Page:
North Omaha Legacies and More

Stories in this episode include a tour of North Omaha's rich past, a collection of Oregon Trail artifacts, Lloyd McCarter & The Honky-Tonk Revival, and World War I love letters.

Air Date: 04/06/2023

North Omaha Legacies Launched in January of 2022, Preston Love, Jr. guides us on a tour of his beloved North Omaha that celebrates the past and embraces the future. Come along and learn about this historic neighborhood that includes a visit to “The Street of Dreams.”

The Relic Hunter Pete Peters was a young boy when he first visited an old trail outpost called Alkali Station. It was a stopping point on the Oregon Trail and though it was just a grassy pasture, the wagon ruts and the outline of the old post remained visible…as they still are today. Over Pete’s lifetime, he saw the Overland Trail evolve into the interstate highway system that still moves people from east to west and back again. Over the years, Pete amassed a collection of bottles, guns, arrowheads, and other things travelers left along the trail. We dig into the historic trail’s history with a man who’s spent his entire life living near it.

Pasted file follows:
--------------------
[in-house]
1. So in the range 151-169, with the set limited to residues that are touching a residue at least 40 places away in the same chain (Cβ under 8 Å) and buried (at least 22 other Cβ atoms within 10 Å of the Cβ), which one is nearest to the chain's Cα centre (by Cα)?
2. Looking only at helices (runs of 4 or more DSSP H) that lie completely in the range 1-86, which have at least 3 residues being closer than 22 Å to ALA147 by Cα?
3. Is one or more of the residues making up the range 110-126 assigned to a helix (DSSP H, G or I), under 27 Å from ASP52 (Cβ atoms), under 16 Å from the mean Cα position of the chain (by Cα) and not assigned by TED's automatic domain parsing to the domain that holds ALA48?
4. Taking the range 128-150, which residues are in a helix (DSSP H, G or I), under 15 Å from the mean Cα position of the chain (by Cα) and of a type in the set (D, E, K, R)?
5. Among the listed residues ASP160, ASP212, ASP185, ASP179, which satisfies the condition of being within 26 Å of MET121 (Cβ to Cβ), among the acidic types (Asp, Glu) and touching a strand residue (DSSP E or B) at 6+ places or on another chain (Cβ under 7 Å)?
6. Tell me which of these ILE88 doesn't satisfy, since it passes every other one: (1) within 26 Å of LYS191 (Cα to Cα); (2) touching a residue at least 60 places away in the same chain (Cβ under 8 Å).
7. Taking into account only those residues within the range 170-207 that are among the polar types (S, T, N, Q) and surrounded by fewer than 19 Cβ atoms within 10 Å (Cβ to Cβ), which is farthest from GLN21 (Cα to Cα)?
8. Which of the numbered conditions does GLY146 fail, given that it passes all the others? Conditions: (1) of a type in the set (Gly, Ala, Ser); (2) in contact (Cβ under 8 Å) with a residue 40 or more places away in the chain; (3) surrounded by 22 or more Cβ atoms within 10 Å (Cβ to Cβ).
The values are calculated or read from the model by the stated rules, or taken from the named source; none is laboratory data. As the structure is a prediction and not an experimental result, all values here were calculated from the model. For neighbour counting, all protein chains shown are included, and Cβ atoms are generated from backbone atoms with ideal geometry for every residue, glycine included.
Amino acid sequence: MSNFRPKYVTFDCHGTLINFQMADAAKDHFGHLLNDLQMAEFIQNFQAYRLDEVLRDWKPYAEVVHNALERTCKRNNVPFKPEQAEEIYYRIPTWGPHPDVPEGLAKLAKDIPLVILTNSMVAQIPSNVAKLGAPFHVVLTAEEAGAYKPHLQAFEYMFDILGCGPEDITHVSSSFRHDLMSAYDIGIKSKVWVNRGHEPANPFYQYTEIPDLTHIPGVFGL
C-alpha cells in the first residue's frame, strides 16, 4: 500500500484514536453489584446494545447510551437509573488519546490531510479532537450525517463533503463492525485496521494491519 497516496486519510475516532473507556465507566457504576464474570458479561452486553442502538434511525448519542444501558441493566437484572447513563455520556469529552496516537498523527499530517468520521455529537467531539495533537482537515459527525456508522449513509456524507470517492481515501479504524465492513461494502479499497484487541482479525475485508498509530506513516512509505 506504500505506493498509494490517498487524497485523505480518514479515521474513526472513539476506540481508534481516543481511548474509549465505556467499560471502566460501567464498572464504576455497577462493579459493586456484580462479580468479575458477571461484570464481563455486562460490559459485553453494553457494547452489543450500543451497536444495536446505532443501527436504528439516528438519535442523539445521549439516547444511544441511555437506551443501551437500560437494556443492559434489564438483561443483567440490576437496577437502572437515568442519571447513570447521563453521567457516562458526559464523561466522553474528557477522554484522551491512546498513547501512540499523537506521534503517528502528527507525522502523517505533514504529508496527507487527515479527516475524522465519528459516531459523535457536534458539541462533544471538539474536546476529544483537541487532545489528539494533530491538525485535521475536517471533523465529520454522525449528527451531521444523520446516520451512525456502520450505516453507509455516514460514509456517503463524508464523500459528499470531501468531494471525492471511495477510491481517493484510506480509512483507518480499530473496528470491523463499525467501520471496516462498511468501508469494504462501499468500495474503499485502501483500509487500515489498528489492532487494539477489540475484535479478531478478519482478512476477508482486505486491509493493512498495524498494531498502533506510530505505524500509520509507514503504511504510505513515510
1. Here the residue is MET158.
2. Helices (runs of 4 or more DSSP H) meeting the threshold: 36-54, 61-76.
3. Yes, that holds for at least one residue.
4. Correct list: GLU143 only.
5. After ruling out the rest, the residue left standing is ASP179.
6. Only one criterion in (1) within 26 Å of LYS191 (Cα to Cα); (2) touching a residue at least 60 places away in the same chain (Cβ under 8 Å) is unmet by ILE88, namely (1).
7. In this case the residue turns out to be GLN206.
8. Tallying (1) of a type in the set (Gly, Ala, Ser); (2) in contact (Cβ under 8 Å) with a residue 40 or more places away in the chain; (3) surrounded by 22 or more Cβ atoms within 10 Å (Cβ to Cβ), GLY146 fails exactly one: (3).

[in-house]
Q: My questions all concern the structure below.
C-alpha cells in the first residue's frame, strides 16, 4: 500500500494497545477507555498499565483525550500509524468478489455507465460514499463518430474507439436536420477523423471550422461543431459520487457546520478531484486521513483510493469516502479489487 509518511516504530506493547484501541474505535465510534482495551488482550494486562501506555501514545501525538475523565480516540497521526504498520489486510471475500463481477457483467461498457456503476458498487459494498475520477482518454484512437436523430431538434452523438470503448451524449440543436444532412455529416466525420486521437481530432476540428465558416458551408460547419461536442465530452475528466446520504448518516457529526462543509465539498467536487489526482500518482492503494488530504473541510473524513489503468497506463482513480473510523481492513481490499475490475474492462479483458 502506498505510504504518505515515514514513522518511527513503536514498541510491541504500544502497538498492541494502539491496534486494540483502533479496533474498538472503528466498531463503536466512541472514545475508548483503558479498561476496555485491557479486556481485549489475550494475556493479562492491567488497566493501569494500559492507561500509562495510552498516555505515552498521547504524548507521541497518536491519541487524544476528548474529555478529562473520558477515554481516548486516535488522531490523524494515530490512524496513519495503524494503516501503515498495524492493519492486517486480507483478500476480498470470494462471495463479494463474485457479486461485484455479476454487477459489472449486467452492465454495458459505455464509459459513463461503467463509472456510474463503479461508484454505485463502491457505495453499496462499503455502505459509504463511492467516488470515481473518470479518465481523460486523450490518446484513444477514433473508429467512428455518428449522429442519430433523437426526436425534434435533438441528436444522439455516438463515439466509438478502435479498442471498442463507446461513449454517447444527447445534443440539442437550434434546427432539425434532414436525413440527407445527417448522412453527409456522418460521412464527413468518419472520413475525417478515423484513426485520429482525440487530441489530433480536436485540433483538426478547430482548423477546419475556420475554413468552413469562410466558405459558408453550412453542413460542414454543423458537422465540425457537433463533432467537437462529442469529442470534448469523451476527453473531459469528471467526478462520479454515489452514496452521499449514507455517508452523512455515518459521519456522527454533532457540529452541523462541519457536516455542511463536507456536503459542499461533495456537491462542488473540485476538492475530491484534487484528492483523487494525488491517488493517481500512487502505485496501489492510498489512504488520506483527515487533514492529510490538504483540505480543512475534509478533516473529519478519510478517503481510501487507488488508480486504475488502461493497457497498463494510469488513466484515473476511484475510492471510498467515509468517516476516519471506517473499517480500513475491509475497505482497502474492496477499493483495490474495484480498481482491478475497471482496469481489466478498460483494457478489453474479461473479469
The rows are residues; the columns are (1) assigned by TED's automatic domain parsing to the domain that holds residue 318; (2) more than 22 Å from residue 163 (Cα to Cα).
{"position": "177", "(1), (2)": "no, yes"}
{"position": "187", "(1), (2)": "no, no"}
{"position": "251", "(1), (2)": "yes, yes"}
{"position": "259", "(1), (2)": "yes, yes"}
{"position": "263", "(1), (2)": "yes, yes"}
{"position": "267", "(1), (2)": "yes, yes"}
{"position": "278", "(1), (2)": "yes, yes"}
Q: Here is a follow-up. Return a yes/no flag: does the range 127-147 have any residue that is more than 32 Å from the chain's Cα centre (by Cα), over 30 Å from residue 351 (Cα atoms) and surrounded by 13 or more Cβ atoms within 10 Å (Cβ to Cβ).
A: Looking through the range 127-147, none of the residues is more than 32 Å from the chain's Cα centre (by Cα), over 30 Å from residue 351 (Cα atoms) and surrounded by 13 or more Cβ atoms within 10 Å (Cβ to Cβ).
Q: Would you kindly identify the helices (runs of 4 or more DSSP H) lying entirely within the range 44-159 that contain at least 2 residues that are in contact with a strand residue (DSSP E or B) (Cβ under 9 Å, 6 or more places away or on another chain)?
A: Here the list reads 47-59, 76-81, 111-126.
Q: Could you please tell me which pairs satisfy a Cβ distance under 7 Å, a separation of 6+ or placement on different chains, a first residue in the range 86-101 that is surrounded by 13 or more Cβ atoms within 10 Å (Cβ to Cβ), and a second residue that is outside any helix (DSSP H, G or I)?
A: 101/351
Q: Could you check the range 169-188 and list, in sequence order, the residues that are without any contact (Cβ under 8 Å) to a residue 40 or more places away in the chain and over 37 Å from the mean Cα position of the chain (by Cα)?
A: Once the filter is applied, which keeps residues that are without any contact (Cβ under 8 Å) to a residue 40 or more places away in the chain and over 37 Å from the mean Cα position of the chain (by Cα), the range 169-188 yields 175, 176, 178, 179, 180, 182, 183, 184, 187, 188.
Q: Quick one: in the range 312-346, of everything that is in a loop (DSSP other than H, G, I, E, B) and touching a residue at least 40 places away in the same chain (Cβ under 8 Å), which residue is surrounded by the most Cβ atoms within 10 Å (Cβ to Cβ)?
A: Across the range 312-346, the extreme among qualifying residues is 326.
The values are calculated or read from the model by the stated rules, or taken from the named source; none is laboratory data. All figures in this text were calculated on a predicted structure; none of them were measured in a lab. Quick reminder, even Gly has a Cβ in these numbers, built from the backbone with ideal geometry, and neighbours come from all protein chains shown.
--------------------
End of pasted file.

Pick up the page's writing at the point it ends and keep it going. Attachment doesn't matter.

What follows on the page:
Lloyd McCarter & The Honky-Tonk Revival “Raised in the poetry of old time twang,” Lloyd McCarter has been immersed in traditional country music his entire life. His parents hailed from musical families, setting McCarter’s destiny in motion early. Now with his own band, “Lloyd McCarter & The Honky-Tonk Revival,” McCarter and the other veteran musicians in this group are dedicated to sharing the true and unmistakable sound of old-time country.  We hear about McCarter’s musical influences, followed by a performance in the Ron Hull Studio by the band of their honky-tonk original, “Who’s Going to Drive My Pick-up.”

Sally Bard’s War Stories '"This has made an old man of me in both looks and ways," wrote Carl 'Sally' Bard, then a 24-year-old farm boy who never ventured far from the small town of Wakefield until he joined the Army and went off to fight in France during World War I. In his diary and piles of letters home to his girlfriend Mabel, he talked about the weather and hometown news. He joked about meeting French girls and told of returning from a battle "pretty well shot up" and German barrages that "killed many men and horses." Bard's granddaughter reflects on his life and writings.